Mayor Tray Payne in Lubbock, Texas
Mayor Tray Payne at the South Plains Conservation Water Roundtable

“We spent over half a billion dollars just in the last 20 years on a couple of projects,” Payne said. It wasn’t just big-money projects.

Lubbock also cut back on water usage – a lot.

A week before the roundtable, Aubrey Spear, water utilities director, spoke with Lubbock Lights.

“In the last 22 years, our per capita usage – overall usage in the city – has dropped 32 percent,” Spear said. “At one time, we were over 220 gallons per capita per day.”

Last year, it was down to 134 gallons per day for every person in Lubbock. Some of the daily water use is for local industry. Take only residential use and the number falls to between 70 and 80 gallons per person every day.

Lubbock dropped its water use using a carrot-and-stick approach but without the carrot.

  • Lubbock water conservation presentation

“But I think the economic incentive is very important and powerful,” Spear said. Lubbock changed the water bill. There used to be a per gallon discount, just like you might expect on other goods and services. The more you buy, the more you save.

In 2007, Lubbock set up a block rate system. The more you use, the more you pay.

“You get kicked up in the higher block and pay more,” Spear said.

“We started to hit the pocketbook so people could make that economic decision,” Spear said. “Do I really want to use that water – that next gallon of water or not?”

“If we analyze our water consumption and where the water goes, most of it’s due to irrigation during the summers,” Spear said. Irrigation, in this case, means watering the grass.

Lubbock restricts yard watering to certain days and times. Most of the water savings came from less water dumped out into people’s yards.

Wolfforth water woes too

Randy Criswell, Wolfforth city manager, attended the roundtable.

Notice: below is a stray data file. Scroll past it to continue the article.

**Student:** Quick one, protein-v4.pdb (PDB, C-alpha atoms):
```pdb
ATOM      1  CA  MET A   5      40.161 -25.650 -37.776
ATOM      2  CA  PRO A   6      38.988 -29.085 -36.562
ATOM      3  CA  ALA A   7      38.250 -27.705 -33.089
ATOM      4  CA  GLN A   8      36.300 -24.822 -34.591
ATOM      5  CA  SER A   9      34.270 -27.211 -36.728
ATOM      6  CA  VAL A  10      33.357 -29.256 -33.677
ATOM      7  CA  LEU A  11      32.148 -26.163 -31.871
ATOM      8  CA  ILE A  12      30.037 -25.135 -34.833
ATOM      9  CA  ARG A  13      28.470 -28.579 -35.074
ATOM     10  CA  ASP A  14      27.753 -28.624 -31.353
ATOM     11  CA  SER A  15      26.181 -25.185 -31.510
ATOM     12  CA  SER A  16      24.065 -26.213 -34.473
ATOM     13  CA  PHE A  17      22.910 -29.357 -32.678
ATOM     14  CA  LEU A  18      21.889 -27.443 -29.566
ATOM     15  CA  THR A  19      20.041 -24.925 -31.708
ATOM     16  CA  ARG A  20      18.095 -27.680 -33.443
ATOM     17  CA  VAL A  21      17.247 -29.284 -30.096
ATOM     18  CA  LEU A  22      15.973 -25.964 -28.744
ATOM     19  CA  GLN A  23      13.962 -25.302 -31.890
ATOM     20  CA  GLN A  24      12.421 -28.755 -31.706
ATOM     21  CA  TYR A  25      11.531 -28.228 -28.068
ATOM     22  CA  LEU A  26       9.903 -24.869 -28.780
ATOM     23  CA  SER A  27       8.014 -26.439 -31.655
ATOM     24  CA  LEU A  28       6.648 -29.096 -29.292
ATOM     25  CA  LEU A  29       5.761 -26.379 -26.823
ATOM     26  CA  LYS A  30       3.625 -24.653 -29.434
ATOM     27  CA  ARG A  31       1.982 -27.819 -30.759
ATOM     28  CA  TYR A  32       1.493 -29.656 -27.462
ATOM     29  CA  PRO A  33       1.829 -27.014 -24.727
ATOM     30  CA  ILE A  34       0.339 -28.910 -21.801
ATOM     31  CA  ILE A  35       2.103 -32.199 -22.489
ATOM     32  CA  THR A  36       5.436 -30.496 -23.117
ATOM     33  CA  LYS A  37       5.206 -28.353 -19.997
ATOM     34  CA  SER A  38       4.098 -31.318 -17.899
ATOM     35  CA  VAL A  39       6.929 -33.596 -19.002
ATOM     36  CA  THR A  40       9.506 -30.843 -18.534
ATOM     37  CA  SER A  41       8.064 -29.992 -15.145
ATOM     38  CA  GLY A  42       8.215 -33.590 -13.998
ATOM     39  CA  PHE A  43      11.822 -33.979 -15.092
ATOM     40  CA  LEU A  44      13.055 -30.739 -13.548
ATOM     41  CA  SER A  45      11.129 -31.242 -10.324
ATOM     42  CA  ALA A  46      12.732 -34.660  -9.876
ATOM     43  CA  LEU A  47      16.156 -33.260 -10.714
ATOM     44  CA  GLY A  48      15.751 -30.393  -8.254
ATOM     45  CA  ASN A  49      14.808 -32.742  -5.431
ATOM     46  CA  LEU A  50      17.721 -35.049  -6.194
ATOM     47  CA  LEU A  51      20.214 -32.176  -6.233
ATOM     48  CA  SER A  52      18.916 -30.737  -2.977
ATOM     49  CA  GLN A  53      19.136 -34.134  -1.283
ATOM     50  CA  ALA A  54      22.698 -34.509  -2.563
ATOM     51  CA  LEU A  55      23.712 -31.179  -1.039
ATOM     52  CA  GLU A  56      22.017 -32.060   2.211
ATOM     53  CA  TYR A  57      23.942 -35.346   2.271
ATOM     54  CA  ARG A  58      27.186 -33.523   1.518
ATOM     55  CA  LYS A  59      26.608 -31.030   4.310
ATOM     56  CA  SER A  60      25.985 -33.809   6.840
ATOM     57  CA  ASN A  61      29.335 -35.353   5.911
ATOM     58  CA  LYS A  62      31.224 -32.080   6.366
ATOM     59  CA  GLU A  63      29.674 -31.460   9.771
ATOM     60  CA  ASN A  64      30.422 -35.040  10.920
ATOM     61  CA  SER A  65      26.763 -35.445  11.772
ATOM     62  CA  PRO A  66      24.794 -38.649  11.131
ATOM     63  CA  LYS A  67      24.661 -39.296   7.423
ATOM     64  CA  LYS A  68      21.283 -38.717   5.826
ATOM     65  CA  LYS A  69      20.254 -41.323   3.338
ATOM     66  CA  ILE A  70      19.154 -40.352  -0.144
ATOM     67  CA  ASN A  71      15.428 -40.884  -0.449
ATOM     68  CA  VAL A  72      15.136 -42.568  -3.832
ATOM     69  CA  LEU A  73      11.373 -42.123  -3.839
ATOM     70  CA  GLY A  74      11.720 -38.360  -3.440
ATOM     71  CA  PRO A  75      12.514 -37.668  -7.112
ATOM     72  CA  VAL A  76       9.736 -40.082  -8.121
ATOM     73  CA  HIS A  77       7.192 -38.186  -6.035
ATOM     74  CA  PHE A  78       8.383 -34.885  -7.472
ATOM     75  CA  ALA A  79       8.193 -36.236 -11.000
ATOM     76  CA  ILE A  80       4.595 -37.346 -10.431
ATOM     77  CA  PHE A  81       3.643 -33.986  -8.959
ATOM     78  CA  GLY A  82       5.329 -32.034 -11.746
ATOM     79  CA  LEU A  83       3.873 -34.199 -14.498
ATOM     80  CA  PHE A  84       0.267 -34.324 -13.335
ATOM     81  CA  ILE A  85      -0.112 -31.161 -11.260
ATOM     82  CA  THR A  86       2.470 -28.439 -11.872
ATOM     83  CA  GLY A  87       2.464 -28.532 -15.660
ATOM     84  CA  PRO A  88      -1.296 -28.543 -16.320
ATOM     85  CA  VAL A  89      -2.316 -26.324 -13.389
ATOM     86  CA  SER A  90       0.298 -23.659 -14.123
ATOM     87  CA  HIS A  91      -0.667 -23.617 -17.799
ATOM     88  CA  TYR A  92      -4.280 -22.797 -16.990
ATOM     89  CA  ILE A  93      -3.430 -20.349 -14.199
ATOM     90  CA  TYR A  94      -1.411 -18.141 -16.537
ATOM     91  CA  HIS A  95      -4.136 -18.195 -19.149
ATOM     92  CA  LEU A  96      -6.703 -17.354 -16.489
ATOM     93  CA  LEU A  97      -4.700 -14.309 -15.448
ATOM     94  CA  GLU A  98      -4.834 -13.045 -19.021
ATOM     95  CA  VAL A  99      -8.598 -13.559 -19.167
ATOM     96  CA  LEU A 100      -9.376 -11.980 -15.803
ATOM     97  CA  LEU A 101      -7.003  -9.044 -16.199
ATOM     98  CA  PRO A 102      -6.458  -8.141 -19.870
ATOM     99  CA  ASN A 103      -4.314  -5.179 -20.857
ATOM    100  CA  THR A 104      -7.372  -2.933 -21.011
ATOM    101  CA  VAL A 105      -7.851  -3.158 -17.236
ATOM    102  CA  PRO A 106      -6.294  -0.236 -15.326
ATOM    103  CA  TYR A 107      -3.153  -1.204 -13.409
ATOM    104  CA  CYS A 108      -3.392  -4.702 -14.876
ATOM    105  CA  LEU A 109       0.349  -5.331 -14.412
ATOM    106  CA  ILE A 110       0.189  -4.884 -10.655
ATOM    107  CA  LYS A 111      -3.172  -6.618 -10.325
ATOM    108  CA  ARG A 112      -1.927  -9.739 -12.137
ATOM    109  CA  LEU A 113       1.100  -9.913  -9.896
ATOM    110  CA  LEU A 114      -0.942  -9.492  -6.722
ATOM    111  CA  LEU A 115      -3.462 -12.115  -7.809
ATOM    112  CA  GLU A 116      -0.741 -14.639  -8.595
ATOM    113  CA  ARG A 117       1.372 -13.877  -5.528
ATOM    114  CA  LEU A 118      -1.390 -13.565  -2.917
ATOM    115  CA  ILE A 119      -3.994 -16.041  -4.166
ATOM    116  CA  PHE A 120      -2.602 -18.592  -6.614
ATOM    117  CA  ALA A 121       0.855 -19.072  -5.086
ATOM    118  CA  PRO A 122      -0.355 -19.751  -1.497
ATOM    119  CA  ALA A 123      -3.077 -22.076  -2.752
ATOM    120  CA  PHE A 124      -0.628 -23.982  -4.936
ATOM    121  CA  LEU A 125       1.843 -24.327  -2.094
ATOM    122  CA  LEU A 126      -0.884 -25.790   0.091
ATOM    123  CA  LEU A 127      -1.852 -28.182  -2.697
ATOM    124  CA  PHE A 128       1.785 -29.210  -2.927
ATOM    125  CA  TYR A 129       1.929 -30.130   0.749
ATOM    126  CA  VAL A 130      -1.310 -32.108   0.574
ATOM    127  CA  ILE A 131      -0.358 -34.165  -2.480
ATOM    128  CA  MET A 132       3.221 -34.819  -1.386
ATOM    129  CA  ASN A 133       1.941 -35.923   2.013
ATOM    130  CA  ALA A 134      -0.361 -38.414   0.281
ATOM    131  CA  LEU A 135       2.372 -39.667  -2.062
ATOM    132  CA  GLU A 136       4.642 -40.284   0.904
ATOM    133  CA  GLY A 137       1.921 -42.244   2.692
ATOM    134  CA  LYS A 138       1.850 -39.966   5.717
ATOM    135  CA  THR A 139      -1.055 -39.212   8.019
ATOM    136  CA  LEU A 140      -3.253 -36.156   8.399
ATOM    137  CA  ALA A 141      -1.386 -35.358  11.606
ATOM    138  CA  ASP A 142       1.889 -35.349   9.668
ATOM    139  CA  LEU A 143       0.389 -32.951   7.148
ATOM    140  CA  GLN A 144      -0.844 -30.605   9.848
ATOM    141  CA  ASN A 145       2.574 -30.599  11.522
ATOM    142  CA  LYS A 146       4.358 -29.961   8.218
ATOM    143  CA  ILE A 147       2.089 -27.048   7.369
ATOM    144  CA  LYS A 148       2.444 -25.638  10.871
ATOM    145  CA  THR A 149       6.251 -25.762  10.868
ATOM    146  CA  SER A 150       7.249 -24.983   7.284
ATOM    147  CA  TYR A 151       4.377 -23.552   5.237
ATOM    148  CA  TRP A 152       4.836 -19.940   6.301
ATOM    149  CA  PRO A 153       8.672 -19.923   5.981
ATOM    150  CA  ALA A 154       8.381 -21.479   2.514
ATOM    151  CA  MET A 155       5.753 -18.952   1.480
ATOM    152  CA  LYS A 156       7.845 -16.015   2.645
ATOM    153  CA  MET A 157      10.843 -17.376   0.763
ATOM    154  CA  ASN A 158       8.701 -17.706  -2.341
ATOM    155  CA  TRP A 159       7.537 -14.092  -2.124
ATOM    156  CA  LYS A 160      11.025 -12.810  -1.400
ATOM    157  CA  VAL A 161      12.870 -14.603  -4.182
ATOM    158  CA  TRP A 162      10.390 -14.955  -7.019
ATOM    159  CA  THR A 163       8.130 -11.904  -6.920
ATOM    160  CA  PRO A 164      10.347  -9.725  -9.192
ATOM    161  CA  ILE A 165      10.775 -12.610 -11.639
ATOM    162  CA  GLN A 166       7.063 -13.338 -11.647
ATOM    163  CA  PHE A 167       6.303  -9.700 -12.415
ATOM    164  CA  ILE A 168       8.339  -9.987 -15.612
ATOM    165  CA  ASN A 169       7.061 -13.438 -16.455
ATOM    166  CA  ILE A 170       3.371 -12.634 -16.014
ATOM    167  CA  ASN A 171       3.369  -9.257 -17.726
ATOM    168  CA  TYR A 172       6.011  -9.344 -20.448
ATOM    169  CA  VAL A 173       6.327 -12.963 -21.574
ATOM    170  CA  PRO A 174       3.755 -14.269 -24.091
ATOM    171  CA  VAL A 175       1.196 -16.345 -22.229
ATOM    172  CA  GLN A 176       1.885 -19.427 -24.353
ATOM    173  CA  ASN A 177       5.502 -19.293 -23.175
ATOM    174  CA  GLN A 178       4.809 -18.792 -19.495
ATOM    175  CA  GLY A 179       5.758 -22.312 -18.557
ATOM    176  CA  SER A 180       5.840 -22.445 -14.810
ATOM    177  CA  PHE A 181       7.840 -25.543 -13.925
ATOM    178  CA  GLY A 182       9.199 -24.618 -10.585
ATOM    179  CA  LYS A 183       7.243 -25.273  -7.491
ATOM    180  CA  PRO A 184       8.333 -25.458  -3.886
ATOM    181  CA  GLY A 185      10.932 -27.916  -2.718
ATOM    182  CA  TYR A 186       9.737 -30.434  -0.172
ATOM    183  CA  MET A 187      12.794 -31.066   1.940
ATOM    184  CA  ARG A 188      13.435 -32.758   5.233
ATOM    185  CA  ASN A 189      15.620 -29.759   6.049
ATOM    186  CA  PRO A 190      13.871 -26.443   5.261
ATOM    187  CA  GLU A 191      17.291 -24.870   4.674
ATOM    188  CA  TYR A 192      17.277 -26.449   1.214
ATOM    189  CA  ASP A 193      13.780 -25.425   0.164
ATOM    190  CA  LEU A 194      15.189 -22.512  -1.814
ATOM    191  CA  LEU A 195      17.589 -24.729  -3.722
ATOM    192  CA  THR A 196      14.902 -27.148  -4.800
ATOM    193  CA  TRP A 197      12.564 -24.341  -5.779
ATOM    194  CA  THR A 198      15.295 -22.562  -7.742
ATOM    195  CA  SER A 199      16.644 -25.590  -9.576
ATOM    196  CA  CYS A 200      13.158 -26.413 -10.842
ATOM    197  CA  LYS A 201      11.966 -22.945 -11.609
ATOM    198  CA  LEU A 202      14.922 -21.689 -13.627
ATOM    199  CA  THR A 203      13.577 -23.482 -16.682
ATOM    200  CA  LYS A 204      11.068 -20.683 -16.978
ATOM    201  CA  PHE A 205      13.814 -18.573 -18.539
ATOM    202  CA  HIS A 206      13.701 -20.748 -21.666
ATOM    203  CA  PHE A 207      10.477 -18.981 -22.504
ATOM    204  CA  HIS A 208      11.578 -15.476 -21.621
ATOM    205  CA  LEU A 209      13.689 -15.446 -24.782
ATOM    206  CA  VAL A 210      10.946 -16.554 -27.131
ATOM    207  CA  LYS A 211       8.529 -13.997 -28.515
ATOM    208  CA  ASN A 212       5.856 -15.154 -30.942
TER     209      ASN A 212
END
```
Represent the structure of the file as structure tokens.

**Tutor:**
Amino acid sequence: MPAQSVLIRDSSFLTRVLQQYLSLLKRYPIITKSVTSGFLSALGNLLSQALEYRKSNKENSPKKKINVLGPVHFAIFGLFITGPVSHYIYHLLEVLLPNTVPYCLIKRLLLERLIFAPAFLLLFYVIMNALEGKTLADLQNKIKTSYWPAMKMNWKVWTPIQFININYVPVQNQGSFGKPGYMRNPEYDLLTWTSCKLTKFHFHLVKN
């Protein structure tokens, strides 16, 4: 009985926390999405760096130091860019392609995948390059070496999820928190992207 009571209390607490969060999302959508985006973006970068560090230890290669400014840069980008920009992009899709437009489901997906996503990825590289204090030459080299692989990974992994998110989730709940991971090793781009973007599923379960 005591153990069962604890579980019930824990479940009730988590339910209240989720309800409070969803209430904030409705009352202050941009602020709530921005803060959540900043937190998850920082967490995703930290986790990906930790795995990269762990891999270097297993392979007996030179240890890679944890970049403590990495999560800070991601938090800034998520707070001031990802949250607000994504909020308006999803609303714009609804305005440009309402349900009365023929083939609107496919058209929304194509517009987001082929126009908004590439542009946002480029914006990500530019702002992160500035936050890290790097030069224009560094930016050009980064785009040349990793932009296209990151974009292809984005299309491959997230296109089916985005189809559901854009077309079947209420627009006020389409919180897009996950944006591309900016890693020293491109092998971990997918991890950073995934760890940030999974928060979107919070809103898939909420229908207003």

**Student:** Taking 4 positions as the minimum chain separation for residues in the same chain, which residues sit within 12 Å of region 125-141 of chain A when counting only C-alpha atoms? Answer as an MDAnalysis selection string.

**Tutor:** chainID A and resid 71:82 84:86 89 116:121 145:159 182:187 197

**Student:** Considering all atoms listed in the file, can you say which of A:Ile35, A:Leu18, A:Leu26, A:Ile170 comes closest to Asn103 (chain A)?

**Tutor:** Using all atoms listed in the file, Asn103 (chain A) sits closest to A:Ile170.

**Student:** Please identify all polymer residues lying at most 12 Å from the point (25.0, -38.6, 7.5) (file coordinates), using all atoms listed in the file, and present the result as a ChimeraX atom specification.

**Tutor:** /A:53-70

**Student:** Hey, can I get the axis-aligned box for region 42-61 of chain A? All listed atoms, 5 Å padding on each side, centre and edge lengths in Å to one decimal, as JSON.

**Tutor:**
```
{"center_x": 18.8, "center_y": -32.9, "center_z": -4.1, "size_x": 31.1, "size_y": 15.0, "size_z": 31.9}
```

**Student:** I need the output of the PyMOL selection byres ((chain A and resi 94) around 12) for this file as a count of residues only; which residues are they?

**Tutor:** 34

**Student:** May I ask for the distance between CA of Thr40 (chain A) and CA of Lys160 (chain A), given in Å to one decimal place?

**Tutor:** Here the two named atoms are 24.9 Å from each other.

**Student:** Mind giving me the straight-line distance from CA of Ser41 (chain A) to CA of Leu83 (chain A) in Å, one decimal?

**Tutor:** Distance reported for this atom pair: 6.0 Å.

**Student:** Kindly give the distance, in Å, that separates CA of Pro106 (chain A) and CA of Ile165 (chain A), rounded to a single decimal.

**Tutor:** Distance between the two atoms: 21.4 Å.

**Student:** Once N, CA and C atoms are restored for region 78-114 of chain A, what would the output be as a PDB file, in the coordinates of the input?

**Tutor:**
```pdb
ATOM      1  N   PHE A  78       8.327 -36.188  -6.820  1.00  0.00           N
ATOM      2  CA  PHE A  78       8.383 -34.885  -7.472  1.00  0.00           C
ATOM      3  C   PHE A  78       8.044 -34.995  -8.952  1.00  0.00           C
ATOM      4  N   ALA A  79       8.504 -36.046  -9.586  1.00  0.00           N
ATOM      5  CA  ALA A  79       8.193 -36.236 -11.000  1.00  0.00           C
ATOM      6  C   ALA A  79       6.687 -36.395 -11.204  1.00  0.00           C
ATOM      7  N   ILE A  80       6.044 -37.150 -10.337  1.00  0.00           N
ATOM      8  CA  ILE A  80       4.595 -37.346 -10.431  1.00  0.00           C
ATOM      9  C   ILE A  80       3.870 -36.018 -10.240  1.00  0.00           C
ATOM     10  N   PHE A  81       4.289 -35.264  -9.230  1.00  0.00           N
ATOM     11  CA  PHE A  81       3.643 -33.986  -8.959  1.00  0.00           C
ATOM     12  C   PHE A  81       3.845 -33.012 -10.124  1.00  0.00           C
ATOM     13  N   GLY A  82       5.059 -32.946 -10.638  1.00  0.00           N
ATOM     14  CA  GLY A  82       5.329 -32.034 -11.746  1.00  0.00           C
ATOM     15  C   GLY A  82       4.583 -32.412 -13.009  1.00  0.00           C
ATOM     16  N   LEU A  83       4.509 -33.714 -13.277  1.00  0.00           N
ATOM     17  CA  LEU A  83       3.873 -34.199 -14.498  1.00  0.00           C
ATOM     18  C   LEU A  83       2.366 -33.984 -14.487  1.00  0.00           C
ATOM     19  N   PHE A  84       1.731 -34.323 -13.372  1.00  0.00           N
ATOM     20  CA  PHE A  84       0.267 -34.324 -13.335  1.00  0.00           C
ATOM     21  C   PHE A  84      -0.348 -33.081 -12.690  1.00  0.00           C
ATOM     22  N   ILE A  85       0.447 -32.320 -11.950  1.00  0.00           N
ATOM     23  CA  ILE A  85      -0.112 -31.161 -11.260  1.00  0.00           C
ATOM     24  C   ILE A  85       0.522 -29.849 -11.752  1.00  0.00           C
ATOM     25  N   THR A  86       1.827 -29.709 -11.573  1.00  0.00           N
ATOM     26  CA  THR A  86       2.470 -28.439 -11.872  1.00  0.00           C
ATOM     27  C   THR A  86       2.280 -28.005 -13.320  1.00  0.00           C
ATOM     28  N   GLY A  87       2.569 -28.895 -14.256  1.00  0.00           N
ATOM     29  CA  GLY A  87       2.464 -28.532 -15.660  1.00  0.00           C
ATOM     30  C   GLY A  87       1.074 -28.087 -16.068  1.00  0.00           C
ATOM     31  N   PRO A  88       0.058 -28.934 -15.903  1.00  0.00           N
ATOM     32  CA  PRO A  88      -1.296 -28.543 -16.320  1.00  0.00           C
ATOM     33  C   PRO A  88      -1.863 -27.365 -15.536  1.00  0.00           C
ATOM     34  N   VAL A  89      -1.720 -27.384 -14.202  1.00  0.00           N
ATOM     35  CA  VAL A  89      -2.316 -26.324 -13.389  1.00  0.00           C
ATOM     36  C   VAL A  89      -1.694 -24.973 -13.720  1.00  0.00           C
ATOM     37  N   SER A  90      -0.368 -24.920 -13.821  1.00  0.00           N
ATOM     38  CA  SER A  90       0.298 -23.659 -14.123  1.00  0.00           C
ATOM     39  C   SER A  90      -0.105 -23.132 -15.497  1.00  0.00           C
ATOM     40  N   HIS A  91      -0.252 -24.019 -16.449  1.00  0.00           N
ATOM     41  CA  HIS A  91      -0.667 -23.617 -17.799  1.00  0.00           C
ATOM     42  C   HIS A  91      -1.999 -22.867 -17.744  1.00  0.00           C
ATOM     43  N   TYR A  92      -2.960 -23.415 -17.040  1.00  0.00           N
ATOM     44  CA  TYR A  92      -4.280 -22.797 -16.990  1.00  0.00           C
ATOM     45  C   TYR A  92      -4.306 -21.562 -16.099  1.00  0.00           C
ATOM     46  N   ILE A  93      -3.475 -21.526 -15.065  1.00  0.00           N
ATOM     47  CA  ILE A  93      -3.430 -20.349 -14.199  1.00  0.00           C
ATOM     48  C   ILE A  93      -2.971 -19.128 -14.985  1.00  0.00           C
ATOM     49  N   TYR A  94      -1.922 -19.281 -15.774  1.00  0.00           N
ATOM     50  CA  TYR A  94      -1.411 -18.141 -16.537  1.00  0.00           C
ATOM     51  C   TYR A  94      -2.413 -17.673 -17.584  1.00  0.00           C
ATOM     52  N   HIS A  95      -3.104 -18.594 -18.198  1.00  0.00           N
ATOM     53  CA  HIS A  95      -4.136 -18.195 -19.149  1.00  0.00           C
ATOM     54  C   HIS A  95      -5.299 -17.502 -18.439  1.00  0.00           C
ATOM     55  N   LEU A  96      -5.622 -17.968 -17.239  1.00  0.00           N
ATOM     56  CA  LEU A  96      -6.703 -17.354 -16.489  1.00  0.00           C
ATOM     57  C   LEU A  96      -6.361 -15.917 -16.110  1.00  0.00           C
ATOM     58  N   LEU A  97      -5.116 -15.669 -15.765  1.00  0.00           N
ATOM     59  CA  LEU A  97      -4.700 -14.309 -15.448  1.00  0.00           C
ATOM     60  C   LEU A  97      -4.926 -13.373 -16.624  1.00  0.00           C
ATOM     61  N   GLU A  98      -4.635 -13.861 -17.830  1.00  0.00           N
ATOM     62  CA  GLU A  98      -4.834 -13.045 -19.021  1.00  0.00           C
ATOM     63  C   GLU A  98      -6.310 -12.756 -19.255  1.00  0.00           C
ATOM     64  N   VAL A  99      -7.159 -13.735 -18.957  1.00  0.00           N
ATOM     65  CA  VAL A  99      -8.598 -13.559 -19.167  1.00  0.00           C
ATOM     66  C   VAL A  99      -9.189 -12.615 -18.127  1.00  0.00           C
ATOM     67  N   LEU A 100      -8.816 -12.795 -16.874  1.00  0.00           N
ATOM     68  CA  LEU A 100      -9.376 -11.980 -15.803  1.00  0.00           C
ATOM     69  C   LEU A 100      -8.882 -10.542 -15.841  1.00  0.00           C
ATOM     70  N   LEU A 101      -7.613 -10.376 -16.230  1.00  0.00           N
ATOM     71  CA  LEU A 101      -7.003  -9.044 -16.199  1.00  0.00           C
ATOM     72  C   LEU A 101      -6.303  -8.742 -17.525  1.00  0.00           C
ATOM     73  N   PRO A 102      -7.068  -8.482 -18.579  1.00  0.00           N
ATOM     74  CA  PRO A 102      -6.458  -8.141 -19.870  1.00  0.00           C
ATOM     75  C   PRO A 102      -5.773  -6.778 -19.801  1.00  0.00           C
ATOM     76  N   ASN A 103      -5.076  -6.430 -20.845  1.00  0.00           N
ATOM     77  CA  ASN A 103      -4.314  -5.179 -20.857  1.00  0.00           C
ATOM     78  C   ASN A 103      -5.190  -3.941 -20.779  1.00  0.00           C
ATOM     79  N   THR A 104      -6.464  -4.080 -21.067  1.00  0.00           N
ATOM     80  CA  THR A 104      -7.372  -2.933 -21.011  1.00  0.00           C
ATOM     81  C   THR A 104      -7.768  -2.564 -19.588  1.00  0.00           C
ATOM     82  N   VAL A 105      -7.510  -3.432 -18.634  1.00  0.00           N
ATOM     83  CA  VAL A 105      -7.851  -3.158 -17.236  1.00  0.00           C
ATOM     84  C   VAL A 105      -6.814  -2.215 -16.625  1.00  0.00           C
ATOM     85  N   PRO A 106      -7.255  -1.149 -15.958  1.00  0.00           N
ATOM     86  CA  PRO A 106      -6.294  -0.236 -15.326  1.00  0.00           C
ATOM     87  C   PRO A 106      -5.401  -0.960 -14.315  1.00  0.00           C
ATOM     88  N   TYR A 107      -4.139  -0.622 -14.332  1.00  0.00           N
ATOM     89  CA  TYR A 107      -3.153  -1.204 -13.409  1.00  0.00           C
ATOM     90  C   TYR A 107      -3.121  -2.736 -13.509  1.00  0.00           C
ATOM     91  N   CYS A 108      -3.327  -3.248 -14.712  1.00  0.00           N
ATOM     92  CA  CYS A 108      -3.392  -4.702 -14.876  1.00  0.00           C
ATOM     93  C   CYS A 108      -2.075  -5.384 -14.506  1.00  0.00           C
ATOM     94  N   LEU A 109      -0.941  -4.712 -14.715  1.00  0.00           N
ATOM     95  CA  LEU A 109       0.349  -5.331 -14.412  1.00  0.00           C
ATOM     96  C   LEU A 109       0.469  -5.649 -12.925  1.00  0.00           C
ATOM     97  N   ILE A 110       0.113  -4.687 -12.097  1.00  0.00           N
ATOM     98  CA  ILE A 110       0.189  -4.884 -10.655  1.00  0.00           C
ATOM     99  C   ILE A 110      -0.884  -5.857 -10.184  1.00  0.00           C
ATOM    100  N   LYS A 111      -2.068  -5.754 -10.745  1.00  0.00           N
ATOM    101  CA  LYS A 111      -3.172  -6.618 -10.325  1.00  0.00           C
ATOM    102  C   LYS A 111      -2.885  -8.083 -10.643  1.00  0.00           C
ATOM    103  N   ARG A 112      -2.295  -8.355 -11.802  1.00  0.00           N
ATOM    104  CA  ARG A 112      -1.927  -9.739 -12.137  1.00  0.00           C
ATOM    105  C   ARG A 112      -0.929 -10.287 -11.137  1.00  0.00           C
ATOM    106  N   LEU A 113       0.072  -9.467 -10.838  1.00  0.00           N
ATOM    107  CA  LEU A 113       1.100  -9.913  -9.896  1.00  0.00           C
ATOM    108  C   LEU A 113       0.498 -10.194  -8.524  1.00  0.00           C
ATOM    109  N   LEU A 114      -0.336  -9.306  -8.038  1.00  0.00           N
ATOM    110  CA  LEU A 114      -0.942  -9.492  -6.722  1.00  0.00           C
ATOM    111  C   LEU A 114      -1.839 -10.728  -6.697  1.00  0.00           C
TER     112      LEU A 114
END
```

“There’s a lot of stuff being done in the county, and there’s not going to be enough water supply. And eventually that’s going to be a problem,” Criswell said.

Even if new developments remain outside of Wolfforth, it’s still a problem. Most of the city’s water comes from wells. If new houses nearby also draw upon well water, the city wells might run dry.

Criswell would like to see the creation of water supply districts or something like that so that smaller towns can pull together and get water. In June, Wolfforth signed a 25-year contract with Lubbock for water.

Criswell knows about the problem in New Home. It’s one he would like to avoid. He said developers in Wolfforth will be asked to bring water supply plans right alongside the plans for new homes.

Back to New Home

water towers in the West Texas town of New Home
Water towers in New Home, Texas

There are multiple subdivisions going in north, east and south of the community, Emert said.

“There are already homes that are having to put in multiple wells and holding tanks just so they have the ability to take a shower, much less do anything else, because their initial well or their initial two wells are already running dry,” Emert said.

New Home is one mile by one mile and supports roughly 340 people.

“We have 171 water meters,” Emert said. And while the city can handle those, at least for now, some of those new homeowners would like to be annexed into the city.

Yes, it would be higher taxes. The new homes near New Home range from $350,000 to $3 million, Emert said. But it would also be a chance to use the city’s water. And that’s a problem.

“Our stable water source will only support currently our city and no other annexation at this time,” Emert said.

The city could use the additional tax money to beef up its water supply. But it does not have the water supply to accept the homes onto the tax rolls.

At some point, New Home might need to bring in water on trucks. Another possibility in 15 to 20 years is if Lubbock keeps growing to the south, then maybe New Home can be annexed into Lubbock.

“That’s the one that I would like to discuss with the mayor, Tray Payne, at some point,” Emert said.

And if Texas does not get out in front of water supply soon, will other communities have the same problem?

“I absolutely interpret it the same way,” he said.

Still to Come

Lubbock Lights talked with one of the homeowners near New Home.  Check back for a first-hand account of the situation Emert and Perry described — a situation that hits close to home in Lubbock.

Author: James Clark- James Clark is the associate editor of Lubbock Lights. He worked in radio, television and digital media for a combined total of more than 30 years. He was Director of Digital News Content at KAMC, KLBK and for nearly 10 years.